This leads to $$\underbrace{ (cE)^2 }_{\text{"energy"}} ~=~ \underbrace{ \left(\frac{dr}{d\lambda}\right)^2 }_{\text{"kinetic energy"}} + \underbrace{n^{-1}\left(\frac{L^2}{r^2}+\epsilon c^2 \right) }_{\text{"effective potential energy"}}. \tag{5.64/7.46/6.3.14}$$ The reader may ponder whether the $$\epsilon$$ parameter leads to a discontinuity in the angle $$\theta$$ of deflection (1) between the massive and massless case? We shall see below that it does not.

2. Q: How do we identify the constants of motion $$E$$ and $$L$$ with the observables $$b$$ and $$v_0$$ at spatial infinity $$r=\infty$$? A: Note that $$r v_{\phi}~:=~ r^2\frac{d\phi}{dt}\quad\longrightarrow\quad bv_0~=~h~=~\frac{L}{E}\quad\text{for}\quad r~\to~\infty, \tag{3}$$ and $$\frac{dr}{dt}\quad\longrightarrow\quad v_0~=~c\frac{\sqrt{E^2-\epsilon}}{E}\quad\text{for}\quad r~\to~\infty.\tag{4}$$ Eq. (4) means that the energy constant is $$E=\gamma_0=\left(1-\frac{v_0^2}{c^2}\right)^{-1/2}$$ in the massive case, and it is undetermined in the massless case.

3. If we define the reciprocal radial coordinate $$u~:=~\frac{1}{r},\tag{5}$$ we get a 3rd-order polynomial$$^1$$ \begin{align} \left(\frac{du}{d\phi}\right)^2~=~&P(u)~:=~ \left(\frac{cE}{L}\right)^2 - n^{-1}\left(u^2+\frac{\epsilon c^2}{L^2}\right) \cr &~=~r_s(u-u_+)(u-u_-)(u-u_0),\end{align}\tag{6} with 3 roots $$u_{\pm}~=~\pm\frac{c}{L}\sqrt{E^2-\epsilon} ~+~\frac{r_s}{2}\left(\frac{cE}{L}\right)^2~+~{\cal O}(r_s^2) ~=~\pm \frac{1}{b}~+~\frac{GM}{h^2}~+~{\cal O}(M^2) , \tag{7}$$ and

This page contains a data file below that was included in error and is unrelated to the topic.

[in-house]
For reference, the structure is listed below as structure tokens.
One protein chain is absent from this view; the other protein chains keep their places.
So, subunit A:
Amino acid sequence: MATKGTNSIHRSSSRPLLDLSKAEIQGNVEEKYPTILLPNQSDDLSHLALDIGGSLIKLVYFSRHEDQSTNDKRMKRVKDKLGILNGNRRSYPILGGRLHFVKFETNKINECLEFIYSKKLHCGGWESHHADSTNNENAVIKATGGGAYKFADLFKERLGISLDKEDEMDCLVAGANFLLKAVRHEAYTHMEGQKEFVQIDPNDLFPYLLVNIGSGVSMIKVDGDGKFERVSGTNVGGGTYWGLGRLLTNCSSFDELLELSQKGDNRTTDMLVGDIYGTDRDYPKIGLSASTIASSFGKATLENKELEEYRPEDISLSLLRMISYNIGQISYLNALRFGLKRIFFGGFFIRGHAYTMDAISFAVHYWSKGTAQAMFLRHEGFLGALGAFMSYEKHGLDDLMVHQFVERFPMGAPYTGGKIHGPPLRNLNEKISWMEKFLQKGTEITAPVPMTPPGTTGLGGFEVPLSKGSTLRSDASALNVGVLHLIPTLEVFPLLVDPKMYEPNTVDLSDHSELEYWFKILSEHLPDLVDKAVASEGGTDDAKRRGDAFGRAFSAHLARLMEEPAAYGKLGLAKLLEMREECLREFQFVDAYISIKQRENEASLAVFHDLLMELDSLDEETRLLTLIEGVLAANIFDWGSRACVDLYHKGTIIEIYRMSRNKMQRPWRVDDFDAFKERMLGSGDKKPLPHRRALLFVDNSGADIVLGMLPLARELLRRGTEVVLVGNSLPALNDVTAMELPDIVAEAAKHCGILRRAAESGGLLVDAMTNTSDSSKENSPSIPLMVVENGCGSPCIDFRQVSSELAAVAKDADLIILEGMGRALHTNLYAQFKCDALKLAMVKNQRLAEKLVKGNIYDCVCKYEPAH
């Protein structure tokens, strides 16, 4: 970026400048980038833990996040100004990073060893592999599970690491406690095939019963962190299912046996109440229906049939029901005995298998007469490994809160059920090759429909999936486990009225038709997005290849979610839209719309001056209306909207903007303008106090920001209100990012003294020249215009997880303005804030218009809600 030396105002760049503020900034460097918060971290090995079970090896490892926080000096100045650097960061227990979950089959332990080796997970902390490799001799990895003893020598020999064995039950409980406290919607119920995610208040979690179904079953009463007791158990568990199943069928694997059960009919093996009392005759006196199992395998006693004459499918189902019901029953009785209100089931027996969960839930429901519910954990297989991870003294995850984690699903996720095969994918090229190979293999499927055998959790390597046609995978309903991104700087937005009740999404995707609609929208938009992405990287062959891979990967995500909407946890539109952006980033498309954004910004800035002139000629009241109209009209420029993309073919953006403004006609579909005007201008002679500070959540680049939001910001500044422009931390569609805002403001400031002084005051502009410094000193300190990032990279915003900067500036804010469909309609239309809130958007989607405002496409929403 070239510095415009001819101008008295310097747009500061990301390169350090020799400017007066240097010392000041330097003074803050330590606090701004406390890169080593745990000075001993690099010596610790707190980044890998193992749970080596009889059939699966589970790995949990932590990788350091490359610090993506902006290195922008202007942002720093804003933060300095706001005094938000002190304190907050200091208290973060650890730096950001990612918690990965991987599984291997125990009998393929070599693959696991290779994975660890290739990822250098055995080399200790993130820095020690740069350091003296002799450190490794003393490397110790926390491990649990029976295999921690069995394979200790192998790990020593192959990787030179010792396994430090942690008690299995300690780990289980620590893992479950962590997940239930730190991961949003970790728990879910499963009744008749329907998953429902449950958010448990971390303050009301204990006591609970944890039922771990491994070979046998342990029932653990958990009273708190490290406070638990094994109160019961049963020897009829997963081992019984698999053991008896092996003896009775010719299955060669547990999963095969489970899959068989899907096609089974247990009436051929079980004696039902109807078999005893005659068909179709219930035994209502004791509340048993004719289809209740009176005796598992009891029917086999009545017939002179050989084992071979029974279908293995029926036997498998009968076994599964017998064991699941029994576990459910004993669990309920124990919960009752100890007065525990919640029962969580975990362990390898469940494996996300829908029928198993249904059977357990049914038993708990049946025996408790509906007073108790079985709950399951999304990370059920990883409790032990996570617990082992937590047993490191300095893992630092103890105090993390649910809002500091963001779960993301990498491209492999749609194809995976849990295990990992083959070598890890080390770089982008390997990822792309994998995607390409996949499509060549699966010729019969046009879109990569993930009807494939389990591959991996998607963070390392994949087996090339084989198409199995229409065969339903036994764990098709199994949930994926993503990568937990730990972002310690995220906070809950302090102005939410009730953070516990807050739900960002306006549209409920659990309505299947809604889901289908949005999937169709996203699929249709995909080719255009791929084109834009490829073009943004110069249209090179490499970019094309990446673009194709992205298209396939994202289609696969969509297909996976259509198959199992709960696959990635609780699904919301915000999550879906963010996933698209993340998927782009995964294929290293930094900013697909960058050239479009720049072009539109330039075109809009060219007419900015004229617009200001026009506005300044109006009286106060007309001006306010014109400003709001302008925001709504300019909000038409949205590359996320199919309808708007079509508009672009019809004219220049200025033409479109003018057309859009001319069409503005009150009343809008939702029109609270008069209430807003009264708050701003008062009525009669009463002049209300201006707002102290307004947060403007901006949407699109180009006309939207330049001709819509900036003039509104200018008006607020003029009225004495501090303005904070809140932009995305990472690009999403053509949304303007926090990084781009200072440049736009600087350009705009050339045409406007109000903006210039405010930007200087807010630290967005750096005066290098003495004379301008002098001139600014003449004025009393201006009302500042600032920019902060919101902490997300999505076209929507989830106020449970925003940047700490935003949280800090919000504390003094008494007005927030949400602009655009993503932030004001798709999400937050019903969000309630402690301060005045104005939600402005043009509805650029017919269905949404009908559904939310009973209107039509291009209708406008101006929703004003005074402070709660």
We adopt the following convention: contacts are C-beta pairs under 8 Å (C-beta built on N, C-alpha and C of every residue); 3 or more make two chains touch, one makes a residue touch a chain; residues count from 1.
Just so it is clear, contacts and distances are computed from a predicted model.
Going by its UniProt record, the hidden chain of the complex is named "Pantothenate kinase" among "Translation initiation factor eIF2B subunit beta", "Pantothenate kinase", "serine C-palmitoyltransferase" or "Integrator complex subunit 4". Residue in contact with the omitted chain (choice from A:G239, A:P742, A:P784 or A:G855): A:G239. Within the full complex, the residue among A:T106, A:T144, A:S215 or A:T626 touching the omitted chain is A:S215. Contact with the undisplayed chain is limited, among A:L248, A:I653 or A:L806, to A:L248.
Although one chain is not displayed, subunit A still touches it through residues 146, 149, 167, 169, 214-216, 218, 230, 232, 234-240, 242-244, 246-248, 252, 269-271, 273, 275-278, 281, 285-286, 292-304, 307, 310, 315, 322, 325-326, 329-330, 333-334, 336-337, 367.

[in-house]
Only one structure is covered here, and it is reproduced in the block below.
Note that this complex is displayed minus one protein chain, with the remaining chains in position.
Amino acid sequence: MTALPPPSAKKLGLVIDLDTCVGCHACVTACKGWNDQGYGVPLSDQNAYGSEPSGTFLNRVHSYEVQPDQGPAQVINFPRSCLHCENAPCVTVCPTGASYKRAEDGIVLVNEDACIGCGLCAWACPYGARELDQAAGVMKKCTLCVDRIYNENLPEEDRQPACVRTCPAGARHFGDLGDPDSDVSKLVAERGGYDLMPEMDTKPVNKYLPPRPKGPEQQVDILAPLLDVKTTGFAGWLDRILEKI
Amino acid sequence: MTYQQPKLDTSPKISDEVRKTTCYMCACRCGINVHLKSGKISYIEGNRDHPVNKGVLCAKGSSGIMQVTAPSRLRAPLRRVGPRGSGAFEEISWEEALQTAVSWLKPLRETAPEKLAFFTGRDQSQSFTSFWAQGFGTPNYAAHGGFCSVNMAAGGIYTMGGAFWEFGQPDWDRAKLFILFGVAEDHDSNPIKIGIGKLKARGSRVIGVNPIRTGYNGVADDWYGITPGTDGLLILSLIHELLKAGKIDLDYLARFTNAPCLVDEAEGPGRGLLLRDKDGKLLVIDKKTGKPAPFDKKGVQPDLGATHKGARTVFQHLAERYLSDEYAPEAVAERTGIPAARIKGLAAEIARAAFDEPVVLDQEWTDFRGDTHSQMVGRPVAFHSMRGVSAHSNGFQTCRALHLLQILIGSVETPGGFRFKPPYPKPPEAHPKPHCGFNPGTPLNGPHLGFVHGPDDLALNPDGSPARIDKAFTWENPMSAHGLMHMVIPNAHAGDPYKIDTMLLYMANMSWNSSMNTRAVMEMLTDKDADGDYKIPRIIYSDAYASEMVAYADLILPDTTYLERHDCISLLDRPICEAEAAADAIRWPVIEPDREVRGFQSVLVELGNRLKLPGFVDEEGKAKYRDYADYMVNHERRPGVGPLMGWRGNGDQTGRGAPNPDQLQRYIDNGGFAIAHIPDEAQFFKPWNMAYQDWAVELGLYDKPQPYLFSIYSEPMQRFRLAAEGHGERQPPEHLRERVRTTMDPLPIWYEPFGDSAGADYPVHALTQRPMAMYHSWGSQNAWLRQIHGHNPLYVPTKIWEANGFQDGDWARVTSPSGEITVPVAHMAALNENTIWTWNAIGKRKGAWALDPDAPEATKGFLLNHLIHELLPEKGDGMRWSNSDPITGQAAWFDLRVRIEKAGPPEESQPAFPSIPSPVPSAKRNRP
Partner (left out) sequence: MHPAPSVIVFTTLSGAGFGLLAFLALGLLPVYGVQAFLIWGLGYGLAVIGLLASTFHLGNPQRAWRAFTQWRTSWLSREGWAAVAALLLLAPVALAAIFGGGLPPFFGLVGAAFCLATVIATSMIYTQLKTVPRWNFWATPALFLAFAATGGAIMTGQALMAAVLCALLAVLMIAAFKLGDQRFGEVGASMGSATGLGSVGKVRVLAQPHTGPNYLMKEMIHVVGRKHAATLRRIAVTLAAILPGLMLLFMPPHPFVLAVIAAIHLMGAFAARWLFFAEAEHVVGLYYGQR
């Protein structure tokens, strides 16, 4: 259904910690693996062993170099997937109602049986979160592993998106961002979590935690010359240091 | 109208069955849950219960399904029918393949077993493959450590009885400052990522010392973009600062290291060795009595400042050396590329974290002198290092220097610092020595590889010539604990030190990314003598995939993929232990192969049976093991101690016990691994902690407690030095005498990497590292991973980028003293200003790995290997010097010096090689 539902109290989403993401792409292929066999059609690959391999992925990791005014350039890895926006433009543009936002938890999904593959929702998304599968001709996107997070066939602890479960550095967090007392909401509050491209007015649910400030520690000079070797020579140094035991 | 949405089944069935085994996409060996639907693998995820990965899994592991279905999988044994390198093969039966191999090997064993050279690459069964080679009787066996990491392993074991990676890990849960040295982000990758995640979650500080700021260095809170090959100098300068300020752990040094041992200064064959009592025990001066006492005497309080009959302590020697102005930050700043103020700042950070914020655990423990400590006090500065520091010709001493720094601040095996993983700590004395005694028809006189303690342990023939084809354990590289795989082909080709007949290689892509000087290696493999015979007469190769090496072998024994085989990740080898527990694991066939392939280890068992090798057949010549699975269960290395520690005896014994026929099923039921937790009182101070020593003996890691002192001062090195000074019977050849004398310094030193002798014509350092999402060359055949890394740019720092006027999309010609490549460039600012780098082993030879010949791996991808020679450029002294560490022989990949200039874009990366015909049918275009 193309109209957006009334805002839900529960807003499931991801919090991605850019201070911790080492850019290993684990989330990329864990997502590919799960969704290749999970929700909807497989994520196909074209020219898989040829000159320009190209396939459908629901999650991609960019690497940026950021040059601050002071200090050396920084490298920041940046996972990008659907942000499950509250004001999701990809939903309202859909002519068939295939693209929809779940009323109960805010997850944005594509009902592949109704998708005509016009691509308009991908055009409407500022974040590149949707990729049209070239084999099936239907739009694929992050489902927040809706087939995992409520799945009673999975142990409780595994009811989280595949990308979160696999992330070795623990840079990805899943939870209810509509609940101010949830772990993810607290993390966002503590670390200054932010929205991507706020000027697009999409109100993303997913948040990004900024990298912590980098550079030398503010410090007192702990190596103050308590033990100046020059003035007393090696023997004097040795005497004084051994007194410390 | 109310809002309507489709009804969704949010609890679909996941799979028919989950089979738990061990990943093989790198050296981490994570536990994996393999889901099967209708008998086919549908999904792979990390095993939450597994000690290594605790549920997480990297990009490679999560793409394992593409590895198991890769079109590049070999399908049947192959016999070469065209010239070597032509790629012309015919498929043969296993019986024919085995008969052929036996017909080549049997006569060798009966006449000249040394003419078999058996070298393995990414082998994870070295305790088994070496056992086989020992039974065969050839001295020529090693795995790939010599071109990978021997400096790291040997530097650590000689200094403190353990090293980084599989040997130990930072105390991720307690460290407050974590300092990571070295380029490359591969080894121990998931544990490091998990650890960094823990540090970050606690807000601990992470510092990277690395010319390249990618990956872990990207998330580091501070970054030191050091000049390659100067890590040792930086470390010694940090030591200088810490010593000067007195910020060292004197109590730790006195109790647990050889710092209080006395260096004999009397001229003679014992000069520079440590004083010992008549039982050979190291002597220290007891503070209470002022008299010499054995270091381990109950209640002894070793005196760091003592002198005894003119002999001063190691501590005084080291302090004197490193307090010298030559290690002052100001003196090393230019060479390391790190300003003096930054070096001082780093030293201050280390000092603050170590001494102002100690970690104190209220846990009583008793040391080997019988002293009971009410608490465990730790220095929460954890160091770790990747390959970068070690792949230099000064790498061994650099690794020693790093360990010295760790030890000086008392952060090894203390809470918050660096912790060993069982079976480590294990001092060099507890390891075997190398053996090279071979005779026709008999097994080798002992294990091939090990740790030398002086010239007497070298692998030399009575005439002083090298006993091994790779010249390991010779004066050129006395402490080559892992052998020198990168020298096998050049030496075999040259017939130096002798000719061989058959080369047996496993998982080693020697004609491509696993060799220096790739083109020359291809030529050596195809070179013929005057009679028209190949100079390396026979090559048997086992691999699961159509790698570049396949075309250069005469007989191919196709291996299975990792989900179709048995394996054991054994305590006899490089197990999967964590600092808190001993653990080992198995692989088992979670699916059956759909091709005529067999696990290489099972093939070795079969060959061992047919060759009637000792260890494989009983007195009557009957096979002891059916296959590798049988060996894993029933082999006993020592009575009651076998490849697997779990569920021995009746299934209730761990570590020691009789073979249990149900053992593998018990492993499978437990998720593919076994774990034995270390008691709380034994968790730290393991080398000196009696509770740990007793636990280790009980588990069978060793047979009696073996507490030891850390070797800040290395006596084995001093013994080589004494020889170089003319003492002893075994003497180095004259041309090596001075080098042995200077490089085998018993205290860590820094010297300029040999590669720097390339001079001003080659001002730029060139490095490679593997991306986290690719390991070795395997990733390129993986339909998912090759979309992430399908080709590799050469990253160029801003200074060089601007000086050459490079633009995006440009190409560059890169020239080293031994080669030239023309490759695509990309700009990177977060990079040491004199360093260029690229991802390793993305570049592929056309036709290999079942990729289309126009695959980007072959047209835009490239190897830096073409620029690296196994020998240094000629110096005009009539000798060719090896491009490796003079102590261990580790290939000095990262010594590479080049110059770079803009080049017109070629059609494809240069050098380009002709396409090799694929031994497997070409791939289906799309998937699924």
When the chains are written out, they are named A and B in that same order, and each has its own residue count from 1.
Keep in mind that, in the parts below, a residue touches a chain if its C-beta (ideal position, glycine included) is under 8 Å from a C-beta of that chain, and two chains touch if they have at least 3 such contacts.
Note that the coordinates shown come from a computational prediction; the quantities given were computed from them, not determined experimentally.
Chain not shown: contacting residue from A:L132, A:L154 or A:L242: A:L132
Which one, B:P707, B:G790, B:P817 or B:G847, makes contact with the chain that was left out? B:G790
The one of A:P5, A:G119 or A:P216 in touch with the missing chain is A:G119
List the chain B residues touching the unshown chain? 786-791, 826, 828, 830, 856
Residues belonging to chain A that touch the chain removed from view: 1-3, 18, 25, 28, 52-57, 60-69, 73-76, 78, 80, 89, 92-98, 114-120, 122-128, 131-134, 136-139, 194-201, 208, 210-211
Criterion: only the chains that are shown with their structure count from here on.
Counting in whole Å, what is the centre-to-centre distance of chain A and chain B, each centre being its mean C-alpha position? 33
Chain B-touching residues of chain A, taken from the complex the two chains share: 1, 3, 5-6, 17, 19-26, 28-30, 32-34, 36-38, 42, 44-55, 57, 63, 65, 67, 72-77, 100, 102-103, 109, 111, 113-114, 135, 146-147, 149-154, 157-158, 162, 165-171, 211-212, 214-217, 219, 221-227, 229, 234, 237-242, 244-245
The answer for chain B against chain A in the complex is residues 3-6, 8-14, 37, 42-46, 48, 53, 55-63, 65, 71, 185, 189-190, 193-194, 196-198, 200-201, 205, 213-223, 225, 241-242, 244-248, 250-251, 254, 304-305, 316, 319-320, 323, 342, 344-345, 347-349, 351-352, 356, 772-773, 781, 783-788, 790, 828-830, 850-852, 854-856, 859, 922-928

$$u_0~=~\frac{1}{r_s} +{\cal O}(r_s) .\tag{8}$$

4. During the scattering process the reciprocal radial coordinate $$u$$ goes from 0 to the root $$u_+$$ and then back again to 0. The half-angle is then \begin{align}\phi&~~~=~\int_0^{u_+} \! \frac{du}{\sqrt{P(u)}} \cr &~~~=~\int_0^{u_+} \! \frac{du}{\sqrt{(u_+-u)(u-u_-)\left(1-r_su\right)}} \cr &\stackrel{u=u_+x}{=}~\int_0^1 \! \frac{dx}{\sqrt{(1-x)(x+\alpha)}}\left(1+\beta x\right) +{\cal O}(r_s^2) \cr &~~~=~\beta\sqrt{\alpha}+(\alpha\beta+\beta+2)\arctan\frac{1}{\sqrt{\alpha}}+{\cal O}(r_s^2) \cr &~~~=~\frac{r_s }{2b}+2\arctan\left(1+\frac{r_s }{2b}\frac{c^2}{v_0^2}\right)+{\cal O}(r_s^2)\cr &~~~=~\frac{r_s }{2b}+2\left(\frac{\pi}{4}+\frac{r_s }{4b}\frac{c^2}{v_0^2}\right)+{\cal O}(r_s^2), \end{align}\tag{9} where we have defined $$\alpha~:=~-\frac{u_-}{u_+} ~=~1-\frac{r_s}{L}\frac{E^2}{\sqrt{E^2-\epsilon}} +{\cal O}(r_s^2) ~=~1-\frac{r_s }{b}\frac{c^2}{v_0^2} +{\cal O}(r_s^2) \tag{10}$$ and $$\beta~:=~\frac{r_s}{2}u_+ ~=~\frac{r_s}{2}\frac{\sqrt{E^2-\epsilon}}{L}+{\cal O}(r_s^2) ~=~\frac{r_s}{2b} +{\cal O}(r_s^2). \tag{11}$$ The constant $$\beta$$ vanishes in the Newtonian limit $$c\to \infty$$.